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From Egypt to Israel in symbols

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posted on Sep, 21 2014 @ 07:32 AM
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a reply to: Logarock

Oh yes, very much so. For instance, the Pesh1tta AKA the Syriac or Aramaic NT only counts 22 books, originally omitting the whole Antilegomena (disputed books, in particular2 Peter, 2 and 3 John, Jude, and the Apocalypse) AND the whole corpus of Catholic epistles, but the latter ones were later translated into Syriac Aramaic and included. Most likely the letters of John are pseudepigrapha and possibly written (by someone else) as subtle additions to the Apocalypse, using similar concepts and wording for concepts central in the Apocalypse. Someone jumping on the bandwagon.
edit on 21-9-2014 by Utnapisjtim because: silly cuss-filter




posted on Sep, 21 2014 @ 07:42 AM
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a reply to: Utnapisjtim

Just to clarify I was referring to the likenesses between the Gospel of John and the Revelation.



posted on Sep, 21 2014 @ 07:55 AM
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originally posted by: Logarock
a reply to: Utnapisjtim

Just to clarify I was referring to the likenesses between the Gospel of John and the Revelation.


Sorry for mixing it up. The 'Gospel of John' was not written by John or anyone carrying that name, it was named so since John is the only one of the trad. male disciples who is not mentioned by name in the book. The Apocalypse is so far away from the writing style and grammar of the gospel carrying his name, that it can't possibly have been penned by the same person. The ending lines of the Gospel of John shows it is a pseudepigraphal work (like most of the other books of the Bible), based on the accounts of an unnamed disciple and lover of Jesus. To say this Beloved Disciple is John (or even Lazarus) involves a bit of man-love, mind you. The Gospel of John, or so called, were the accounts of Jesus' lover or wife, his beloved disciple, most likely Mary Magdalene. It was recorded and written down by unnamed scribes.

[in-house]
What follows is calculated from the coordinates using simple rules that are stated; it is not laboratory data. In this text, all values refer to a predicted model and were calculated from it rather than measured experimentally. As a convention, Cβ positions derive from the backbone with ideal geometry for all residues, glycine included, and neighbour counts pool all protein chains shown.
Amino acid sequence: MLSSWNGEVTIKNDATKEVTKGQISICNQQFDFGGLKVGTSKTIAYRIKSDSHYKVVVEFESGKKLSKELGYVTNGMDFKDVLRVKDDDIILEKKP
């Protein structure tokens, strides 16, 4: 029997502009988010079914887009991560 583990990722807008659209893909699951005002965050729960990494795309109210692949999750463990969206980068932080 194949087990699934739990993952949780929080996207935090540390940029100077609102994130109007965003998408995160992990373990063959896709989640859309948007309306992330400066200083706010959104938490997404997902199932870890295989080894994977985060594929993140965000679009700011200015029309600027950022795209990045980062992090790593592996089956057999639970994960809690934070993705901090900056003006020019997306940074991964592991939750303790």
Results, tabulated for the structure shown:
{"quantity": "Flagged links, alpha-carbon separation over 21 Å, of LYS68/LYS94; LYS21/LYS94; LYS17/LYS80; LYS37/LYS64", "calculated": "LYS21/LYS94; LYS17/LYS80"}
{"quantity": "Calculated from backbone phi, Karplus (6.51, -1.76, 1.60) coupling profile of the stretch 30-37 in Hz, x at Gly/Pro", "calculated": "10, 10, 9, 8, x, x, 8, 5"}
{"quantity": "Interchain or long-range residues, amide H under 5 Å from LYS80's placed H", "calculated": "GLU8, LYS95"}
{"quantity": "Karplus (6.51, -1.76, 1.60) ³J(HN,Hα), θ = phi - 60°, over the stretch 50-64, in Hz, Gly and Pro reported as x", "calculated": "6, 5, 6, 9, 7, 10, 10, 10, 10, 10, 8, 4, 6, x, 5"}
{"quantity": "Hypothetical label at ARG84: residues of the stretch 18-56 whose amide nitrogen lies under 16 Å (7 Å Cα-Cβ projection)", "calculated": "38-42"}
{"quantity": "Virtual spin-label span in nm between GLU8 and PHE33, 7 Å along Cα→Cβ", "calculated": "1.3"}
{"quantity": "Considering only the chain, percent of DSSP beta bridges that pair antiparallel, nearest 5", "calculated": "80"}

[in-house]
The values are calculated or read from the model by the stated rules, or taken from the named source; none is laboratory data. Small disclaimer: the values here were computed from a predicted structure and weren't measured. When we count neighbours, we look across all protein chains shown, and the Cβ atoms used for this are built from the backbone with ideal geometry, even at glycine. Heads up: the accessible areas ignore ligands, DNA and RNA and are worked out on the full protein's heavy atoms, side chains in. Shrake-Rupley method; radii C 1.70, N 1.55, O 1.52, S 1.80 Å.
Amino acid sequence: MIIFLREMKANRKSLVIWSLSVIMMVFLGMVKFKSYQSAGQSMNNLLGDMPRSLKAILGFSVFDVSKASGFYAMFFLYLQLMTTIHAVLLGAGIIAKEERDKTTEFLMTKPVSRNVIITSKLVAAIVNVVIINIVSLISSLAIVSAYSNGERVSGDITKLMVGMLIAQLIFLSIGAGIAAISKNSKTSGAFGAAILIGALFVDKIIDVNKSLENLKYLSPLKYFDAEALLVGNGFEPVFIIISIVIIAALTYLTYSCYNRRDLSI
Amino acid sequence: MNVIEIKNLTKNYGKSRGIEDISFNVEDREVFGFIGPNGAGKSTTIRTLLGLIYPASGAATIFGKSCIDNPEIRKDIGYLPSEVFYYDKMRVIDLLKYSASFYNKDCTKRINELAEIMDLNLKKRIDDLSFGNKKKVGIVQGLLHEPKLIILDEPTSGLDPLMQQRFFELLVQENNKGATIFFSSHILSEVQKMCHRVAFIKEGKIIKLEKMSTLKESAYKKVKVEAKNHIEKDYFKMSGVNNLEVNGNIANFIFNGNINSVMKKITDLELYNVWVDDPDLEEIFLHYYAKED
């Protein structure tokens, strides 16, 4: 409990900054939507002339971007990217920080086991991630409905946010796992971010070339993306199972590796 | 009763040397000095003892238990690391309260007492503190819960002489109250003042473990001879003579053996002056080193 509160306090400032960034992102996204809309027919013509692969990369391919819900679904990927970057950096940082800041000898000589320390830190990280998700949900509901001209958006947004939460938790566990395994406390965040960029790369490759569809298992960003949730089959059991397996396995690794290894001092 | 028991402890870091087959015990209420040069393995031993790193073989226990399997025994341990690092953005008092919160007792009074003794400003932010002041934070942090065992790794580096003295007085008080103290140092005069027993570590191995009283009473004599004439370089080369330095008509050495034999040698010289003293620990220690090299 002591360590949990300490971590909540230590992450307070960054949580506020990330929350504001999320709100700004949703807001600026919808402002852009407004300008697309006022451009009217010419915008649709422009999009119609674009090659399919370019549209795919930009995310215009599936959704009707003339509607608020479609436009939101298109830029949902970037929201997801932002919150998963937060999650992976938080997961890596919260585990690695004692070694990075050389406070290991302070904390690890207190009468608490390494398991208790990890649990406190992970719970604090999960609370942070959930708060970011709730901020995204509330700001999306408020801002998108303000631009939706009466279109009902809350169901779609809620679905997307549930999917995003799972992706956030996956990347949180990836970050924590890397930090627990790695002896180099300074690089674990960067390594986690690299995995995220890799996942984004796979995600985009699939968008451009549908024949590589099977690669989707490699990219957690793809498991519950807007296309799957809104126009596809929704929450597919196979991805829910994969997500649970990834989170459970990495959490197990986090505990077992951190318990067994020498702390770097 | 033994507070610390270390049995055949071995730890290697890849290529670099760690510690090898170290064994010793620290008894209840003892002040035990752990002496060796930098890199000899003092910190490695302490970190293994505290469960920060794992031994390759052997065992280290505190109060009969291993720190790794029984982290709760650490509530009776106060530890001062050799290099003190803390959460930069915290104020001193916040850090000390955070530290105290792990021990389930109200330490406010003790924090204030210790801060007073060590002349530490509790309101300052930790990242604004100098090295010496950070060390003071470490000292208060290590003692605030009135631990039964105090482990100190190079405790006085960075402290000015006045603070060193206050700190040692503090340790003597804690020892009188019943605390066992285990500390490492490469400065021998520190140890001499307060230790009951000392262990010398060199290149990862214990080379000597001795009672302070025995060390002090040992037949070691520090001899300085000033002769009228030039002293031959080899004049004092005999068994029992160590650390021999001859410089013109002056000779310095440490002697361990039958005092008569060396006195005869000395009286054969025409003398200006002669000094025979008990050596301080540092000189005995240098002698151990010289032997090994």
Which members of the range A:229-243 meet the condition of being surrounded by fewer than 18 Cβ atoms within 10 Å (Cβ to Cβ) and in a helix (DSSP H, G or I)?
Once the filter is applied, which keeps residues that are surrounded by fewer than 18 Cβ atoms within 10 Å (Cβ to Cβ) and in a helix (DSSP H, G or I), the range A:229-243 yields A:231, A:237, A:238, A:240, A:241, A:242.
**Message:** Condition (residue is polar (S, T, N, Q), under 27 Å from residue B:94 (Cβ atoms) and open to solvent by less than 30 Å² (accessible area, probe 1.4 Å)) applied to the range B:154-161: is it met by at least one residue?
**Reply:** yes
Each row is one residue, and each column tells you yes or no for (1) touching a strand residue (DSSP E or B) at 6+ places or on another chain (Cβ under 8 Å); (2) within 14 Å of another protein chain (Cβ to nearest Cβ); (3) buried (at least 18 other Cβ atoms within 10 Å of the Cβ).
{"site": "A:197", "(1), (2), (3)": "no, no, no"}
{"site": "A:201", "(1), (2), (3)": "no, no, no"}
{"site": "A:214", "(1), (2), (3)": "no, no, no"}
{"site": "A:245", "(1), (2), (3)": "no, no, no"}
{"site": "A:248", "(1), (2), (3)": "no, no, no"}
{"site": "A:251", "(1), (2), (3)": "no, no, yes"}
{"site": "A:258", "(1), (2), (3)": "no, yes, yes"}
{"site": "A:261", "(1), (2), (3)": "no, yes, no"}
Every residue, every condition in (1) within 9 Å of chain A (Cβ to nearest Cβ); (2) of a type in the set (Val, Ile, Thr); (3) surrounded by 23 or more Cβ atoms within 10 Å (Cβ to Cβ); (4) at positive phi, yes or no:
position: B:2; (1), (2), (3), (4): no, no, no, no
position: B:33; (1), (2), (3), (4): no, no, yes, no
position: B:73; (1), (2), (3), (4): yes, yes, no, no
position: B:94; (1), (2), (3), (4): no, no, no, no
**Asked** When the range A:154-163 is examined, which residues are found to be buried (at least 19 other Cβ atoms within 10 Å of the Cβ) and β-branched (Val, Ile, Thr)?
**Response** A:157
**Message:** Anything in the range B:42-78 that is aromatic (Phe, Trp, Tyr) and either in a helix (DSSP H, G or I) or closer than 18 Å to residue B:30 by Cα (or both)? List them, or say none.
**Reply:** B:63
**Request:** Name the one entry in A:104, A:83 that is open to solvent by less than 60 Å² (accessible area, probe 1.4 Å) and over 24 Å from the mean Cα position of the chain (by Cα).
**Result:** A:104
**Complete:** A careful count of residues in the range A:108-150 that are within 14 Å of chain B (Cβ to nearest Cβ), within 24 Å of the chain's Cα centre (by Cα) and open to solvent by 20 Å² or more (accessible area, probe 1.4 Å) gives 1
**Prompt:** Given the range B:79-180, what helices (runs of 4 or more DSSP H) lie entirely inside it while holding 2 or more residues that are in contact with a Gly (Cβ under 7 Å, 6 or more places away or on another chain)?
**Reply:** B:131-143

edit on 21-9-2014 by Utnapisjtim because: misc



posted on Sep, 21 2014 @ 08:07 AM
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a reply to: Utnapisjtim

The love between Jesus and his disciple is about the heart of the Father being revealed. When John rests his head on Jesus breast that is speaking of his ear to the beating heart of Jesus. Its not man love or man-woman love. This is agape, and the fire that burns inside, Christ in you the hope of glory. The Gospel of John is entirely written from the Sod level, along with Revelation btw. Its all symbolic of the divine life being born and revealed in you, me and all of creation.




posted on Sep, 21 2014 @ 08:28 AM
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a reply to: zardust